Transforming Indigeneity is an examination of the role that language revitalization efforts play in cultural politics in the small city of Sao Gabriel da Cachoeira, located in the Brazilian Amazon. Sarah Shulist concentrates on how debates, discussions, and practices aimed at providing support for the Indigenous languages of the region shed light on both global issues of language revitalization and on the meaning of Indigeneity in contemporary Brazil.
With 19 Indigenous languages still spoken today, Sao Gabriel is characterized by a high proportion of Indigenous people and an extraordinary amount of linguistic diversity. Shulist investigates what it means to be Indigenous in this setting of urbanization, multilingualism, and state intervention, and how that relates to the use and transmission of Indigenous languages. Drawing on perspectives from Indigenous and non-Indigenous political leaders, educators, students, and state agents, and by examining the experiences of urban populations, Transforming Indigeneity provides insight on the revitalization of Amazonian Indigenous languages amidst large social change.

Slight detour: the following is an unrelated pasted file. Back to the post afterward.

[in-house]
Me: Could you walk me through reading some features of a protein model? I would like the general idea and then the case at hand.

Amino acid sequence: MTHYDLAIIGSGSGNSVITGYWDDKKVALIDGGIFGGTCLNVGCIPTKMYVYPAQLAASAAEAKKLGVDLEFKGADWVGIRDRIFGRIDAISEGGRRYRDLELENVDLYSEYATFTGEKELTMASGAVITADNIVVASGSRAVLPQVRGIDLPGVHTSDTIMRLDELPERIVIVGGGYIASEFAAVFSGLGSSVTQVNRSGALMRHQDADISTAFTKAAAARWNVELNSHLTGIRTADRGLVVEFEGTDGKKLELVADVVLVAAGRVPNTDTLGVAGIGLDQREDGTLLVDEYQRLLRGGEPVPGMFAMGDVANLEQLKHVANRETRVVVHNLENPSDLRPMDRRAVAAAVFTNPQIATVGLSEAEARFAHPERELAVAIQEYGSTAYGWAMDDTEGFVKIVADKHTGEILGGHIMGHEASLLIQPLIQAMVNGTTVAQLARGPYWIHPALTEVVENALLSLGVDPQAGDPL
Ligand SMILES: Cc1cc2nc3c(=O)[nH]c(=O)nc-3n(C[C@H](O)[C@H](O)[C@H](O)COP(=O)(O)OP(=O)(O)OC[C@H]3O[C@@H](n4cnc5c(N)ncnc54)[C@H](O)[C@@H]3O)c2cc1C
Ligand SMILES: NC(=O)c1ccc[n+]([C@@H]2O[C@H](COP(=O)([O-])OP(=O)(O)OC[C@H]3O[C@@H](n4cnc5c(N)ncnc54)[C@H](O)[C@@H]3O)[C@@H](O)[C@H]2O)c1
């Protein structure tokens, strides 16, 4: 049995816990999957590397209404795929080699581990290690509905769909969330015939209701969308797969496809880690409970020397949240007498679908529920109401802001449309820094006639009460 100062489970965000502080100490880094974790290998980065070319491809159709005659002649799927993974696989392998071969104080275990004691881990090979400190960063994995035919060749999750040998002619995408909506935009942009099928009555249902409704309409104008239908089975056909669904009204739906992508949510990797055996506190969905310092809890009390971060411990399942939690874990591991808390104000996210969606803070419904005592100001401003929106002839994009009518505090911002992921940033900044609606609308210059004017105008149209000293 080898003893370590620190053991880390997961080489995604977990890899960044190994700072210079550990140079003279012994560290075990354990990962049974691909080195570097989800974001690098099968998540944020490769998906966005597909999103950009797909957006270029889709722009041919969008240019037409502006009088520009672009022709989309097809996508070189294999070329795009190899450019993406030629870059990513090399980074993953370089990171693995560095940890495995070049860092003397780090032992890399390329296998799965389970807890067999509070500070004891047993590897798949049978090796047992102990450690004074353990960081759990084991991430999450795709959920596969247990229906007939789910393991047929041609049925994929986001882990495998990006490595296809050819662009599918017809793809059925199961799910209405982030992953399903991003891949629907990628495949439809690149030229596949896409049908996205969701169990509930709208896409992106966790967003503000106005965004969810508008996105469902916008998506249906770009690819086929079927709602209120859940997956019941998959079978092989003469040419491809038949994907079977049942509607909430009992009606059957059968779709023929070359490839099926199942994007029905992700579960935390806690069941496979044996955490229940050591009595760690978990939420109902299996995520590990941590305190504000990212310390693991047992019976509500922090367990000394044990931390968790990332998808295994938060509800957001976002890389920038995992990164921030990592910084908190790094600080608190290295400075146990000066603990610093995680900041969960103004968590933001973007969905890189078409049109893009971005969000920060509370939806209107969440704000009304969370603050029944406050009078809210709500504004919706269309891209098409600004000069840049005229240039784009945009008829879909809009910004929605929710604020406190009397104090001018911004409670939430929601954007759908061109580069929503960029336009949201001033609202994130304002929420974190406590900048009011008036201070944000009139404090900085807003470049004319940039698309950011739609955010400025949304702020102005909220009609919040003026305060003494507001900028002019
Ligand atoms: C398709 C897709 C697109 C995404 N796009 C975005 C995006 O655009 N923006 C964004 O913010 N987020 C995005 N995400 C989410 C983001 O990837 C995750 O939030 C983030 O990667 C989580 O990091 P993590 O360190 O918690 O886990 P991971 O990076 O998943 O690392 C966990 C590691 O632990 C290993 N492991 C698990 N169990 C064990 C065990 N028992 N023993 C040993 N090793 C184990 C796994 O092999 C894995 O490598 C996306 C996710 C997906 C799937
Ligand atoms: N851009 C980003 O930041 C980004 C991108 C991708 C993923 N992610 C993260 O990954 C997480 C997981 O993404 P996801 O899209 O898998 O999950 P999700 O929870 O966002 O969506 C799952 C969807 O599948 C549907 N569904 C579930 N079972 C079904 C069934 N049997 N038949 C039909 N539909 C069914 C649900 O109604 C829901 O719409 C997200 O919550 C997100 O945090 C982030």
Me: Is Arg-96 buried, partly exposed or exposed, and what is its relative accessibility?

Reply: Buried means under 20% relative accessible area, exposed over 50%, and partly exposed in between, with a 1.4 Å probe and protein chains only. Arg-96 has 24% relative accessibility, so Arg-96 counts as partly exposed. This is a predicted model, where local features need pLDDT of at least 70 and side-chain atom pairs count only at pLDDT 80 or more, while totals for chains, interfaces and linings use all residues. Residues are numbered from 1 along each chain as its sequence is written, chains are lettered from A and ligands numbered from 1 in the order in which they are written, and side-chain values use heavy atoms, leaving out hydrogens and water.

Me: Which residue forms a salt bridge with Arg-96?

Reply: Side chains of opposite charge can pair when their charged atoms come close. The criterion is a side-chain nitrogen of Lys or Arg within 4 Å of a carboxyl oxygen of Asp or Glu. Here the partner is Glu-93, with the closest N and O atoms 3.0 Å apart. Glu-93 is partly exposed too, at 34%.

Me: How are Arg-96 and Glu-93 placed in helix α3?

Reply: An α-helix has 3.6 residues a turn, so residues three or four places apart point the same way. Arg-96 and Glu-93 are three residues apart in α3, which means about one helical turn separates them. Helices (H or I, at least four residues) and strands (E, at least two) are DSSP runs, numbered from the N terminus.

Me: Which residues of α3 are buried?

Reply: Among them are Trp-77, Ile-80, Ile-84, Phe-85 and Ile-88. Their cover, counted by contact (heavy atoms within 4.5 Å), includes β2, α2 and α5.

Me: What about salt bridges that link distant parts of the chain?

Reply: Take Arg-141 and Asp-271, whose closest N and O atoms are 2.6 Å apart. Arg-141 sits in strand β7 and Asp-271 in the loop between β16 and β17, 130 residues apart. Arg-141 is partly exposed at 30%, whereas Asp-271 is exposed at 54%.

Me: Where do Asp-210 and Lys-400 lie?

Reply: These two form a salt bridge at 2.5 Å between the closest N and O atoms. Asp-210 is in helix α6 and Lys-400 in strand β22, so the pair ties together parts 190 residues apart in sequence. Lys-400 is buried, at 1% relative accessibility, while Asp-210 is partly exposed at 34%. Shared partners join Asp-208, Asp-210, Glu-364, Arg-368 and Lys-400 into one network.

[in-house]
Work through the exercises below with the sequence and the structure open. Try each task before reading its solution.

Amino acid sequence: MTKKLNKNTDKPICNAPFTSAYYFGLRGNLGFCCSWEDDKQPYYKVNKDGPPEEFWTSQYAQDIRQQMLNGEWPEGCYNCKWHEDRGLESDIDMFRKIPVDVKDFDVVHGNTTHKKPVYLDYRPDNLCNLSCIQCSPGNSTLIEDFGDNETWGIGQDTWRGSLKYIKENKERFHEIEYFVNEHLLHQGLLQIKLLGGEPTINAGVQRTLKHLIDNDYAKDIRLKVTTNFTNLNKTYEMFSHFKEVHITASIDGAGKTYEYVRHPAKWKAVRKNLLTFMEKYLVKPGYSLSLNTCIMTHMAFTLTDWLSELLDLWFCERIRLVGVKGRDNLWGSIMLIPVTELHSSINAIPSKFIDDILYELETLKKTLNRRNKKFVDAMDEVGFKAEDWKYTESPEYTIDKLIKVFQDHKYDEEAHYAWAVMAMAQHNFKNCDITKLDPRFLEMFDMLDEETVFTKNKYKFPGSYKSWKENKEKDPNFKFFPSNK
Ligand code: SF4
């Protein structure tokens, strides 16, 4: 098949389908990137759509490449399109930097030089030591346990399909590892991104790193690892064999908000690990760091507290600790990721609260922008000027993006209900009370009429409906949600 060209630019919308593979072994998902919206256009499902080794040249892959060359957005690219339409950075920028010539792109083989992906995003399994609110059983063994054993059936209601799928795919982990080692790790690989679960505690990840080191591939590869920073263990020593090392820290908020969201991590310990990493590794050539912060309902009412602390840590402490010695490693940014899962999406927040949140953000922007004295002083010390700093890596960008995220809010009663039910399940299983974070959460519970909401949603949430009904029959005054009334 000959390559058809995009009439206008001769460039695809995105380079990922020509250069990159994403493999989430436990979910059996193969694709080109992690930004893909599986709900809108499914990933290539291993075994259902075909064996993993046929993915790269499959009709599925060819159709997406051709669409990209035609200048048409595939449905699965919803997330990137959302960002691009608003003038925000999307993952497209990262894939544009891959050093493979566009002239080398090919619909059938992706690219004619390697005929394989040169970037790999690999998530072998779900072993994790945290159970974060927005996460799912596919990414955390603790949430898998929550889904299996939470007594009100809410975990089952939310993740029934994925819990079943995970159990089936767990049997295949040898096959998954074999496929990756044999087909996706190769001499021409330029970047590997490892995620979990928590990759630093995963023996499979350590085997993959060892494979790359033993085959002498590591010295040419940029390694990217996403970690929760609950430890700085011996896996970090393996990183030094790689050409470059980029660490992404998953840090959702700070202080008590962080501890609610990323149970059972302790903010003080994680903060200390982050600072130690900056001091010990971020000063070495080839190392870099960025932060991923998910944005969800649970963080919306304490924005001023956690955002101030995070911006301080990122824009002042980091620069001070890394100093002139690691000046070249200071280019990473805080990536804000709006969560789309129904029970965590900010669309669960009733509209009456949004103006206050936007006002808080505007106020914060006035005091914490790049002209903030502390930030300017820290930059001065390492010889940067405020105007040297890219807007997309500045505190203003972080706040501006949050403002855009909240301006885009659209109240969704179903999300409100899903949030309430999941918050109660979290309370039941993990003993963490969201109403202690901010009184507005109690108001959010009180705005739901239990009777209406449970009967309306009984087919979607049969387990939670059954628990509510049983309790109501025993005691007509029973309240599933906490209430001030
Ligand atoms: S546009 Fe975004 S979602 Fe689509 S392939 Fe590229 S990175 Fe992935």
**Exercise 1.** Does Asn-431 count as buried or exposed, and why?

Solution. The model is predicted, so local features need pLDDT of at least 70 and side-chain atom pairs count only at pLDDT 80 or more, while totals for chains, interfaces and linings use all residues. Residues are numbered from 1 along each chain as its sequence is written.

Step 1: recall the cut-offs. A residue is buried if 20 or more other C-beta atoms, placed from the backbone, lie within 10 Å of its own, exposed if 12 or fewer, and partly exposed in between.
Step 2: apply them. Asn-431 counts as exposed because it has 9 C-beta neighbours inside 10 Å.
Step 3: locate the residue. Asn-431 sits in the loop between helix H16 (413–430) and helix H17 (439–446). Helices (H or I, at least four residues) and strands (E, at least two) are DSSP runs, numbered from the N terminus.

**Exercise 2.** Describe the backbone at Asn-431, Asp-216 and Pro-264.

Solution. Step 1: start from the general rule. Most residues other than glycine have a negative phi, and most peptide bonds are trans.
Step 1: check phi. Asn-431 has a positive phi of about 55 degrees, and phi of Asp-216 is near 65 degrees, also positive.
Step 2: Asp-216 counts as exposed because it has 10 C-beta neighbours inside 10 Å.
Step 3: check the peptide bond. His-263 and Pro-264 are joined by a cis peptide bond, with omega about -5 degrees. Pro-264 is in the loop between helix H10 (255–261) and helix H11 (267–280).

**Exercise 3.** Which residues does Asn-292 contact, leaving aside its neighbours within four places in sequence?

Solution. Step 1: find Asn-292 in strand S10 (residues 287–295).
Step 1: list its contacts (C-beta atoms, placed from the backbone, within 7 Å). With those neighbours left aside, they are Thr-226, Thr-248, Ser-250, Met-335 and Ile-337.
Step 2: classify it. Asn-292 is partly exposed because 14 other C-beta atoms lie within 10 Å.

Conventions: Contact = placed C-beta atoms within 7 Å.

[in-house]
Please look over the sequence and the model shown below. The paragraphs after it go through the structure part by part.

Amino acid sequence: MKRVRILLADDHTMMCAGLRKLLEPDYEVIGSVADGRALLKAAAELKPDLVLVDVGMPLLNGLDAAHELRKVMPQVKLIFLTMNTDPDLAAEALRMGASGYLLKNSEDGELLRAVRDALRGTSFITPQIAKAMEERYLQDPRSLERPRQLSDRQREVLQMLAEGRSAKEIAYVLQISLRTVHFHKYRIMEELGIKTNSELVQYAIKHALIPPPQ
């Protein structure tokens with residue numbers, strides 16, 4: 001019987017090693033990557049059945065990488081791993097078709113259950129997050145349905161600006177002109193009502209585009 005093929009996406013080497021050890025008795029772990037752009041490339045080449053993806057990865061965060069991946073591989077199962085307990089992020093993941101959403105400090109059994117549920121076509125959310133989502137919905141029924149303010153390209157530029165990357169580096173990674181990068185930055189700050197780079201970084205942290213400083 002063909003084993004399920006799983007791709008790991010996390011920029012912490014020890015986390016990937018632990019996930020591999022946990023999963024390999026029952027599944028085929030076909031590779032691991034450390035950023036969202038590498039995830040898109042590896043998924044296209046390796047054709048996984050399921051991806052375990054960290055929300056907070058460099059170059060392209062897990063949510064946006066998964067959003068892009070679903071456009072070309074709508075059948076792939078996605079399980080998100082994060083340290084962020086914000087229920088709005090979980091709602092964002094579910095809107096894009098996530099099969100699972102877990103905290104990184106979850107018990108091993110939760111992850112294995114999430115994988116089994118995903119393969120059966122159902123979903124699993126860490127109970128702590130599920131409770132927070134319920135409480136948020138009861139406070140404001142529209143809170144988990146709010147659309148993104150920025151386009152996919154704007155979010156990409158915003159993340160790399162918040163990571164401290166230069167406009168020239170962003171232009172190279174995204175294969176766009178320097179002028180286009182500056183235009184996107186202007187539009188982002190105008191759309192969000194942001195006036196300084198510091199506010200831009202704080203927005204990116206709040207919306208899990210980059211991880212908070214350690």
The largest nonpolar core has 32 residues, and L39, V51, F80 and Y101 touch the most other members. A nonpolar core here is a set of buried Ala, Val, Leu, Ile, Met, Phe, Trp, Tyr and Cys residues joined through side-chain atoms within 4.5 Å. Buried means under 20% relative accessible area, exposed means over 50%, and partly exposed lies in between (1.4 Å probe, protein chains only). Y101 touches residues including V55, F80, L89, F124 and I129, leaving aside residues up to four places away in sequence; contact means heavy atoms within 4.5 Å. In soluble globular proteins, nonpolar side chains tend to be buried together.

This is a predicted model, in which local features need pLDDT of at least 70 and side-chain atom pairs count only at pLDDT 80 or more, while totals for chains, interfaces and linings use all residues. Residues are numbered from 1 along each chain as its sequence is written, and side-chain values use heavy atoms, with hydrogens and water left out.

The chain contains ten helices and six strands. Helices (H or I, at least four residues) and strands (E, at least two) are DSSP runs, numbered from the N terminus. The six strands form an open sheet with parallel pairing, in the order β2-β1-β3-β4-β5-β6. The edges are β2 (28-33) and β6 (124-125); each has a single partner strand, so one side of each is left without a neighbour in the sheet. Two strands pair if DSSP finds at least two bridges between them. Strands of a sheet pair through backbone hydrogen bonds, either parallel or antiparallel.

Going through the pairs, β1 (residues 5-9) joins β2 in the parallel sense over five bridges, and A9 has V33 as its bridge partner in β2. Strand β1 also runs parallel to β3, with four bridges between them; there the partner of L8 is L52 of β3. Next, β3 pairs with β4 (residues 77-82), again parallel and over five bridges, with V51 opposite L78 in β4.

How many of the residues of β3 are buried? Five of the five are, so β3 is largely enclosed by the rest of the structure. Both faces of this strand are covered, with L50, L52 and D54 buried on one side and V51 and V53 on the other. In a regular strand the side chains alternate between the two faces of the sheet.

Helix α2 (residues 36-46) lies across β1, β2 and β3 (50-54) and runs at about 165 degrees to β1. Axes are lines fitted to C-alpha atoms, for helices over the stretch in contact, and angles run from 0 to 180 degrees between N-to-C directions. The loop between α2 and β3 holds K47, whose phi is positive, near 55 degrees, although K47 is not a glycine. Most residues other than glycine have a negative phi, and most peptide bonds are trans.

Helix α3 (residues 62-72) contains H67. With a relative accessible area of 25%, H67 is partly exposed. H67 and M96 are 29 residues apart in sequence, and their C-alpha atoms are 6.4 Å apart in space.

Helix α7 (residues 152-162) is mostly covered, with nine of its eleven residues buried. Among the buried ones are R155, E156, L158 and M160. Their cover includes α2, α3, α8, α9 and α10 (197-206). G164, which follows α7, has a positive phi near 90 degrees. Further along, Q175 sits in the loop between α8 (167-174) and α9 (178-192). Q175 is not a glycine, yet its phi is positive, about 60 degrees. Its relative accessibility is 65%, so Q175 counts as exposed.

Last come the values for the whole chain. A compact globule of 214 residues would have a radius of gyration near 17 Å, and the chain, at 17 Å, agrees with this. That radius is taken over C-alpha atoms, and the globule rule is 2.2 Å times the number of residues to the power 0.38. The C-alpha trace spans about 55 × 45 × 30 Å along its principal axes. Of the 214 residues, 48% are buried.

1. Playing Indian: The Politics of Language, Identity, and Culture in Urban Amazonia 2. Language Policy on Paper and in Practice 3. Education in the City: Defining Urban Indigeneity 4. Making an Indigenous Public: A Perspective from the Non-Official Languages 5. Revising Expectations: Reflections on the Research Process 6. Conclusions: Language Revitalization and Urban Indigeneity